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Lewis Sheiner


2020
Ljubljana, Slovenia



2019
Stockholm, Sweden

2018
Montreux, Switzerland

2017
Budapest, Hungary

2016
Lisboa, Portugal

2015
Hersonissos, Crete, Greece

2014
Alicante, Spain

2013
Glasgow, Scotland

2012
Venice, Italy

2011
Athens, Greece

2010
Berlin, Germany

2009
St. Petersburg, Russia

2008
Marseille, France

2007
Křbenhavn, Denmark

2006
Brugge/Bruges, Belgium

2005
Pamplona, Spain

2004
Uppsala, Sweden

2003
Verona, Italy

2002
Paris, France

2001
Basel, Switzerland

2000
Salamanca, Spain

1999
Saintes, France

1998
Wuppertal, Germany

1997
Glasgow, Scotland

1996
Sandwich, UK

1995
Frankfurt, Germany

1994
Greenford, UK

1993
Paris, France

1992
Basel, Switzerland



Printable version

PAGE. Abstracts of the Annual Meeting of the Population Approach Group in Europe.
ISSN 1871-6032

Reference:
PAGE 28 (2019) Abstr 8945 [www.page-meeting.org/?abstract=8945]


Poster: Drug/Disease modelling - Infection


IV-38 Jinju Guk Modelling the dose-effect relationship between DAV132, an activated charcoal based product, and fecal concentration of moxifloxacin in healthy volunteers

Guk JJ, Guedj J, Burdet C, Andremont A, de Gunzburg J, Ducher A, Mentré F

1. INSERM, IAME, UMR 1137, F-75018 Paris, France; Université Paris Diderot, Sorbonne Paris Cité, 8 Paris, France 2. Da Volterra, Paris, France

Objectives: The administration of antibiotics leads to disruption of the intestinal microbiota, which plays an important role in various host processes, including resistance to colonization and infection by potentially pathogenic bacteria in the intestines [1,2]. We previously modeled the co-evolution of plasma and fecal concentration of free moxifloxacin, a fluoroquinolone antibiotic, and of microbiota disruption in humans [3]. DAV132 is an oral product which delivers a powerful charcoal-based adsorbent to the late intestine, which reduces free fecal moxifloxacin concentrations in a dose-dependent manner [4,5]. We wished to develop a model of DAV132 effect on free fecal Moxifloxacin concentration using data of a randomized clinical trial where healthy volunteers received orally moxifloxacin alone or with 10 different doses of DAV132.

Methods: A total of 131 healthy volunteers (HVs) were recruited in the randomized clinical trial (Sponsored by Da Volterra) and received oral moxifloxacin (400 mg OAD) for 5 days alone or associated with various DAV132 doses for 7 days: 0 (no DAV132) 2g/d, 3g/d, 6g/d, 10g/d, 15g/d and 22.5g/d (2g/d was given BID, 22.5g/d TID, the other doses BID and TID). Plasma moxifloxacin concentrations were measured at Day 1 and Day 5 and fecal samples were taken daily from Day 1 to Day 9, at Day 12, Day 16 and Day 37 to measure free moxifloxacin concentrations by LC/MS/MS. The previously developed model of plasma and fecal moxifloxacin pharmacokinetics was used to characterize the pharmacokinetic properties of moxifloxacin and its fecal excretion [3]. Several models accounting for DAV132 kinetics in the gastrointestinal tract were studied. The effect of the amount of charcoal in the distal ileum of the large intestine (called the fecal compartment) in reducing the free fecal moxifloxacin was modeled. The analyses were performed using nonlinear mixed effect models and the Stochastic Approximation Expectation-Maximization in Monolix 2018R2 (Lixoft, France).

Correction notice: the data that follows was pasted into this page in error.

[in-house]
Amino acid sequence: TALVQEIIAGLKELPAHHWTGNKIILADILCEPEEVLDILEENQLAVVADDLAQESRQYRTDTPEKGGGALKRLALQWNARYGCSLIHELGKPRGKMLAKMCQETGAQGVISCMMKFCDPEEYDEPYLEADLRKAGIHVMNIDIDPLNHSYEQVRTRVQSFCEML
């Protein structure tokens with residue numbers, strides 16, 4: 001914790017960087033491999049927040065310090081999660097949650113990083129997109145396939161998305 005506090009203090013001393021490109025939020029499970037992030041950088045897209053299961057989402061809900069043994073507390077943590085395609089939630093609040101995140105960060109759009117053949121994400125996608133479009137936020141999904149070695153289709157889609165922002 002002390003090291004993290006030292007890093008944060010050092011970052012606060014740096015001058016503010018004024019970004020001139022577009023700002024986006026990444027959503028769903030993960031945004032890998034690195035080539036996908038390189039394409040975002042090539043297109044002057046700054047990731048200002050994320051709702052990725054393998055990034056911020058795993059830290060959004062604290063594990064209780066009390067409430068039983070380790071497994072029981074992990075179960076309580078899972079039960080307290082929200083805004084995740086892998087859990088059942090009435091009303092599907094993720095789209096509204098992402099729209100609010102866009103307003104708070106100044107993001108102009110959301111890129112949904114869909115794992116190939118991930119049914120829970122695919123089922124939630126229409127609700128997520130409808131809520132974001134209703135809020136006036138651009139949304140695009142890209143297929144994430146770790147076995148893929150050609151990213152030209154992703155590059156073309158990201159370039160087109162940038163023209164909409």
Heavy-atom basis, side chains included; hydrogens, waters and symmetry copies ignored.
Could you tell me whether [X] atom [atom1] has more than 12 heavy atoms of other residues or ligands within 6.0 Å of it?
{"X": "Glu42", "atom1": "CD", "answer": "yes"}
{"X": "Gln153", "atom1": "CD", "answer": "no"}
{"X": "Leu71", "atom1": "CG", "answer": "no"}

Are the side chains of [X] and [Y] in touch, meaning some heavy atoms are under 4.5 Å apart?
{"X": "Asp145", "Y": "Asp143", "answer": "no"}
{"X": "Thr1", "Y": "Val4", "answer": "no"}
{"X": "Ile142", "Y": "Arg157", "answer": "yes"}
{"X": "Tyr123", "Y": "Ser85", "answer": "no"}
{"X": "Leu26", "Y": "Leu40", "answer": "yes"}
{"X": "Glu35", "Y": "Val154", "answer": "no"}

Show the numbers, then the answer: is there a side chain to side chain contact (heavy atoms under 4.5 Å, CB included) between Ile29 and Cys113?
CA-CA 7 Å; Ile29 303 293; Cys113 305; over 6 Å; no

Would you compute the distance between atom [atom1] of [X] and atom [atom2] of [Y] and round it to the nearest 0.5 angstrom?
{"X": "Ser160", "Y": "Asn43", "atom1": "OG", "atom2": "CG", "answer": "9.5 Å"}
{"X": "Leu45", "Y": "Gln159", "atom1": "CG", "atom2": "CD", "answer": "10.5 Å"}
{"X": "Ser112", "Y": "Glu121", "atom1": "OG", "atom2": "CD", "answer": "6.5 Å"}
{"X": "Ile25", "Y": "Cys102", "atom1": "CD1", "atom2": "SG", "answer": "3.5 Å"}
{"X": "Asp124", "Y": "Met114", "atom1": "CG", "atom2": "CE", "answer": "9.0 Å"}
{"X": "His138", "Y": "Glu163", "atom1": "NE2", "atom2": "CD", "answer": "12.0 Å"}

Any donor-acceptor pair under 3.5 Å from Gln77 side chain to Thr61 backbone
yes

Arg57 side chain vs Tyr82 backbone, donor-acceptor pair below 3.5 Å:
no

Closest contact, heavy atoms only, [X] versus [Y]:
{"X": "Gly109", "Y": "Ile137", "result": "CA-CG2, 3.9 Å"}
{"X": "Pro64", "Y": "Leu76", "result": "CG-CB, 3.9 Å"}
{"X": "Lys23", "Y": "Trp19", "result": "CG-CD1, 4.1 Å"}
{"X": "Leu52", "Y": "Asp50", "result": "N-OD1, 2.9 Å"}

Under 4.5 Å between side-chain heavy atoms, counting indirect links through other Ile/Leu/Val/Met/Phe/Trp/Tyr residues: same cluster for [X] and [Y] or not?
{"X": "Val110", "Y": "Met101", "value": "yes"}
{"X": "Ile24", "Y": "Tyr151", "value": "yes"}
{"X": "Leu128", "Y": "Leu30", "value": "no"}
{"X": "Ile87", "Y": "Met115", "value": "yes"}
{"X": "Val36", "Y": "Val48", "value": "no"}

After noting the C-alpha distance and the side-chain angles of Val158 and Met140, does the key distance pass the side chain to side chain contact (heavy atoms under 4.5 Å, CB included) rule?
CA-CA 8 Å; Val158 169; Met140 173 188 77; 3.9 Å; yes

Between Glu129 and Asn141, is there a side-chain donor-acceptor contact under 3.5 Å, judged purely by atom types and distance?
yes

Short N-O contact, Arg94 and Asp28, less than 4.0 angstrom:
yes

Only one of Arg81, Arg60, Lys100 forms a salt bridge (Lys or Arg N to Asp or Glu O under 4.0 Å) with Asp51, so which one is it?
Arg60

Results: Plasma concentrations of moxifloxacin were well described by a two-compartment model with two-transit compartment and free fecal moxifloxacin concentrations were successfully explained by a connection to plasma concentrations through two-transit compartments. The elimination of moxifloxacin in feces was modeled as in  [3], but adding a diffusion of moxifloxacin between the last transit elimination compartment and the fecal compartment. DAV132 was modeled with a transit compartment model and charcoal is assumed to be delivered in the fecal compartment. A specific model of the adsorption of charcoal and moxifloxacin in the fecal compartment was derived. This model allowed to describe the huge reduction of free fecal moxifloxacin concentrations when given 7.5 g of DAV132 TID and the low effect of small doses of DAV132.

Conclusions: The developed model was able to capture the delayed effect of moxifloxacin adsorption by charcoal following DAV132 administration and the relationship between DAV132 dose and the reduction in free fecal moxifloxacin concentrations.



References:
[1] Dethlefsen L, Relman DA. Incomplete recovery and individualized responses of the human distal gut  microbiota to repeated antibiotic perturbation. Proc Natl Acad Sci U S A 2011; 108(Suppl 1):4554–61.
[2] Perez-Cobas AE, Gosalbes MJ, Friedrichs A, et al. Gut microbiota disturbance during antibiotic therapy: a multiomic approach. Gut 2013; 62:1591–601.
[3] Burdet C, Nguyen TT, de Gunzburg J, Ferreira S, Ducher A, Duval X, Varastet M, Andremont A, Mentré F. Joint modeling of moxifloxacin pharmacokinetics and fecal microbiota disruption in healthy volunteers. PAGE, 6-9/06/2017, Budapest, Hungary
[4] Ducher A,  Mentré F, Donazzolo Y, Latreille M, Burdet C, Nguyen TT, Varastet M, Sablier F, Augustin V, Hugon P, Ferreira F, Andremont A, de Gunzburg J. Dose-effect and safety of DAV132, an activated charcoal based product, when given with oral moxifloxacin on free moxifloxacin fecal concentrations and intestinal microbiota diversity: A randomized controlled trial in 144 healthy volunteers. ECCMID, 21-24/04/2018, Madrid, Spain
[5] de Gunzburg J, Ghozlane A, Ducher A, et al. Protection of the human gut microbiome from
antibiotics. The Journal of Infectious Diseases. Jan 30 2018;217(4):628-636.